When land is severely degraded through intensive agriculture or fires and then abandoned, it does not always re-grow into forest. In the Virgin Islands we frequently see degraded lands become dominated by invasive plants like tan-tan and sweet-lime, which can further slow the recovery of healthy native forest. In these cases, human intervention in the form of forest enrichment can be beneficial. UVI-AES has developed a low-cost, highly successful method of reducing the influence of native plants while increasing the diversity of native plants.

The first demonstration of this method began in 2001 on a hillside dominated by tan-tan and guinea grass. The site was completely cleared and 150 native plants from 14 taxa were planted in a grid. The plot was routinely mowed for 18 months to give the native seedlings a competitive advantage. Although the trees were never watered or fertilized, survivorship was over 80%. Between three and four years the tree canopy closed and shaded out the ground. Today the canopy is over 30 feet tall, there are no invasive plants in the plot and virtually no maintenance is required. In the process of this project, we collected valuable data such as growth rates for each species and time from germination to flowering and seed production.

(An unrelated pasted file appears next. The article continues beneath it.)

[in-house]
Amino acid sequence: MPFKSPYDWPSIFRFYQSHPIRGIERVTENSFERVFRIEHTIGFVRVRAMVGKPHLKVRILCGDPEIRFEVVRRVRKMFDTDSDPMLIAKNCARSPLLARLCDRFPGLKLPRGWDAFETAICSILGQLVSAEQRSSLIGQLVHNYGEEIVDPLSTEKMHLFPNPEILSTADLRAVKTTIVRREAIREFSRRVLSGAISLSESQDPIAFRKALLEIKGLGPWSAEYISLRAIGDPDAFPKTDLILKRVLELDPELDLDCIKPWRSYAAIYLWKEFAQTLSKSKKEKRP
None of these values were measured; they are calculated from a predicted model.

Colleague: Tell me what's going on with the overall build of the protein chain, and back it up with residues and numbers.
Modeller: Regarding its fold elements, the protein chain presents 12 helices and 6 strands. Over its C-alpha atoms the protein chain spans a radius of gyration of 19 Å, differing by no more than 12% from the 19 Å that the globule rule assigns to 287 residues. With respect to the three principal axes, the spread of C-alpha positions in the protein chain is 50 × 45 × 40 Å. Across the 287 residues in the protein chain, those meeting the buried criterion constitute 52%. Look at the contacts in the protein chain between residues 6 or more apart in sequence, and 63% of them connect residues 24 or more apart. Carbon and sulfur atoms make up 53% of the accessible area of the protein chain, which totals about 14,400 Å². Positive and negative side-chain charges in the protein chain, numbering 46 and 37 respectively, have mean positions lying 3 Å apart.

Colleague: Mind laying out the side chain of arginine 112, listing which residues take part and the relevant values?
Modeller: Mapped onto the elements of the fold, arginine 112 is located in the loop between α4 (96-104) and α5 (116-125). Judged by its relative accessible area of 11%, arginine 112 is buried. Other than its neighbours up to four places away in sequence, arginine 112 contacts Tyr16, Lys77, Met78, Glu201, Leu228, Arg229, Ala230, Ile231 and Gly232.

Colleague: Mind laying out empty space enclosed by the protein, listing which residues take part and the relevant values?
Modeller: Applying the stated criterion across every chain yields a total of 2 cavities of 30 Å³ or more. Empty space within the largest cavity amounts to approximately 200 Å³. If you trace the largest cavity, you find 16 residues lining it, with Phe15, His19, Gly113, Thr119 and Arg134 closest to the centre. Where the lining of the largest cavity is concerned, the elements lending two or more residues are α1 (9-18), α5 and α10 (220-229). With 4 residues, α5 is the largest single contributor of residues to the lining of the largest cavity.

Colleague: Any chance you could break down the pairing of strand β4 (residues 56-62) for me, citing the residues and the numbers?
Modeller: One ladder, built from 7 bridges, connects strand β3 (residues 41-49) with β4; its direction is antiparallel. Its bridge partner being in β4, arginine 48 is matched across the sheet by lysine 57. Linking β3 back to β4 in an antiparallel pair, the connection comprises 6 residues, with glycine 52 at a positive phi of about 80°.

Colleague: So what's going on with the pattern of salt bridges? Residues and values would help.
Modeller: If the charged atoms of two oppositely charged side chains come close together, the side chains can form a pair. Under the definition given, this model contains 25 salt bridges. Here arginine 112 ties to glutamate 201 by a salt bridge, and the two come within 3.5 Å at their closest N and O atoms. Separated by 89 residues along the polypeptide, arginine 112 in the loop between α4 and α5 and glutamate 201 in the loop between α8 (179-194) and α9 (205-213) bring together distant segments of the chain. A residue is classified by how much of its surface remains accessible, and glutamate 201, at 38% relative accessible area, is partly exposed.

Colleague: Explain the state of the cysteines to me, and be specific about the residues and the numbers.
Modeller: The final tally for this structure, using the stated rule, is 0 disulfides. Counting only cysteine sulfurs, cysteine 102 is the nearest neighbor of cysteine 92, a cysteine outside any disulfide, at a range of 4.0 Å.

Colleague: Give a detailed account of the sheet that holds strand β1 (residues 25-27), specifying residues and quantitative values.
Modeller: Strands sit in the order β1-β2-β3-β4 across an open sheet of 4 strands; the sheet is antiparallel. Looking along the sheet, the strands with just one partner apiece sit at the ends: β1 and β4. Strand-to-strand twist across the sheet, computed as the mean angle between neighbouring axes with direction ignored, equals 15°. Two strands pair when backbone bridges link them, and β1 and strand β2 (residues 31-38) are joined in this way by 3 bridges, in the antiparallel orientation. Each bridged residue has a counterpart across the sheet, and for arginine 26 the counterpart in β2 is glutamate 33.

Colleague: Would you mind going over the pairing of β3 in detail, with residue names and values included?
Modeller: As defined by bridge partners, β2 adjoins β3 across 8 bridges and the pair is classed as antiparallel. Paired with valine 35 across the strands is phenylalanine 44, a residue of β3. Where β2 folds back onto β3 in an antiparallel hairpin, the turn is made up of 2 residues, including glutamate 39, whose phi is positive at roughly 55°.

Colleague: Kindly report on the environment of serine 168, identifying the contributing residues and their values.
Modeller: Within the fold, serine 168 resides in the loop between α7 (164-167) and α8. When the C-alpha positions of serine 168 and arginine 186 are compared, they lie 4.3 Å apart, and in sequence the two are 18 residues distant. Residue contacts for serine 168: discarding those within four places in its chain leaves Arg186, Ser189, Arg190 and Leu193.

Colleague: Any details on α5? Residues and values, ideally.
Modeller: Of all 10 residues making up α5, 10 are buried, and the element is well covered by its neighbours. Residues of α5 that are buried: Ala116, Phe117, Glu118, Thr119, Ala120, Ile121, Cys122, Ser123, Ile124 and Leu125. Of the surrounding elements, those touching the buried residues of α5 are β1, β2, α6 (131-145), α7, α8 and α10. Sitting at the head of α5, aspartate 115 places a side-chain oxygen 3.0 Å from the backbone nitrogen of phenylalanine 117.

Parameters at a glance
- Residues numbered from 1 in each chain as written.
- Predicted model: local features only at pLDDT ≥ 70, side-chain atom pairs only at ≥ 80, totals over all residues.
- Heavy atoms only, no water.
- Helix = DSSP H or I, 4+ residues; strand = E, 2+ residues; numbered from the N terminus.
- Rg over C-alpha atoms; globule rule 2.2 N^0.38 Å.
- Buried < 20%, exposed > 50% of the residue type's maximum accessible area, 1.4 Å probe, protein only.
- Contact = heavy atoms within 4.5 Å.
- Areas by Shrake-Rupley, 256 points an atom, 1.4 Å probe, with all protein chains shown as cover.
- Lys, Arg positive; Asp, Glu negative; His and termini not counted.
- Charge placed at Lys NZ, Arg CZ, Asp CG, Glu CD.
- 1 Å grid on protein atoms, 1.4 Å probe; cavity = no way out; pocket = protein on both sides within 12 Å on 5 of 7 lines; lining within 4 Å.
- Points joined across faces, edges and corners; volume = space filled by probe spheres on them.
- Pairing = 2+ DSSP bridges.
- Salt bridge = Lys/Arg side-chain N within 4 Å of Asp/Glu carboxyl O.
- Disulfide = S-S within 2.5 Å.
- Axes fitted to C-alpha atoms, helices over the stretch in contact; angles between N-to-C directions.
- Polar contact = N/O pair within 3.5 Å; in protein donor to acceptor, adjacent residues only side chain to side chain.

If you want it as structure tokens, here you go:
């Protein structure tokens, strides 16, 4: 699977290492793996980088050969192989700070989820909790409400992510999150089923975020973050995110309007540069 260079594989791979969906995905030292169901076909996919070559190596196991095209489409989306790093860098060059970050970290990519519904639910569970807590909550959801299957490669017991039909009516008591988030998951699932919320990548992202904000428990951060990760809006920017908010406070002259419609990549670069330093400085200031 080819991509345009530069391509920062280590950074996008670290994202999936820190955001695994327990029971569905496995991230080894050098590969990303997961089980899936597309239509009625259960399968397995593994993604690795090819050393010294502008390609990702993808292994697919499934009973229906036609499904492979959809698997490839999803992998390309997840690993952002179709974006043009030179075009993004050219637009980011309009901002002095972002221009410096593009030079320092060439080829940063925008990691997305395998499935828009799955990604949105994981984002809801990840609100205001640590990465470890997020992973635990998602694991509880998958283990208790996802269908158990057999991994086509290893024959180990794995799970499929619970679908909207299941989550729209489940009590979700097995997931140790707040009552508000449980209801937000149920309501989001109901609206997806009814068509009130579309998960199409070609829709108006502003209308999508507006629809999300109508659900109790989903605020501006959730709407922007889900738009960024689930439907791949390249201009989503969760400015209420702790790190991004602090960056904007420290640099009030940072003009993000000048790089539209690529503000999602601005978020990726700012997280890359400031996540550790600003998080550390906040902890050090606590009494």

The second experiment began in 2005 with the Nature Conservancy. The goal was to establish native seedlings under similar circumstances, but with reduced labor costs. To this end, 25 artificial gaps (3 meters in diameter) were cleared in a forest comprised primarily of invasive plants. In these gaps 4 seedling from 4 native tree species were planted randomly. One half of the gaps were mulched with hay to further assist seedling establishment. After 18 months survivorship is over 80% and the plot has required almost no maintenance since the day it was planted.

In 2007 the Nature Conservancy study was replicated in the U.S. Forest Service experimental forest property in Estate Thomas. This time, a greater diversity of native tree species was used. Preliminary results indicate higher mortality rates for some species and similar growth rates for those species previously tested.

Mamey Apple (Mammea americana) seedling planted in Estate Adventure


Student Worker preparing hole to plant Mamey Apple 

Eugenia ligustrina seedling planted at Estate Adventure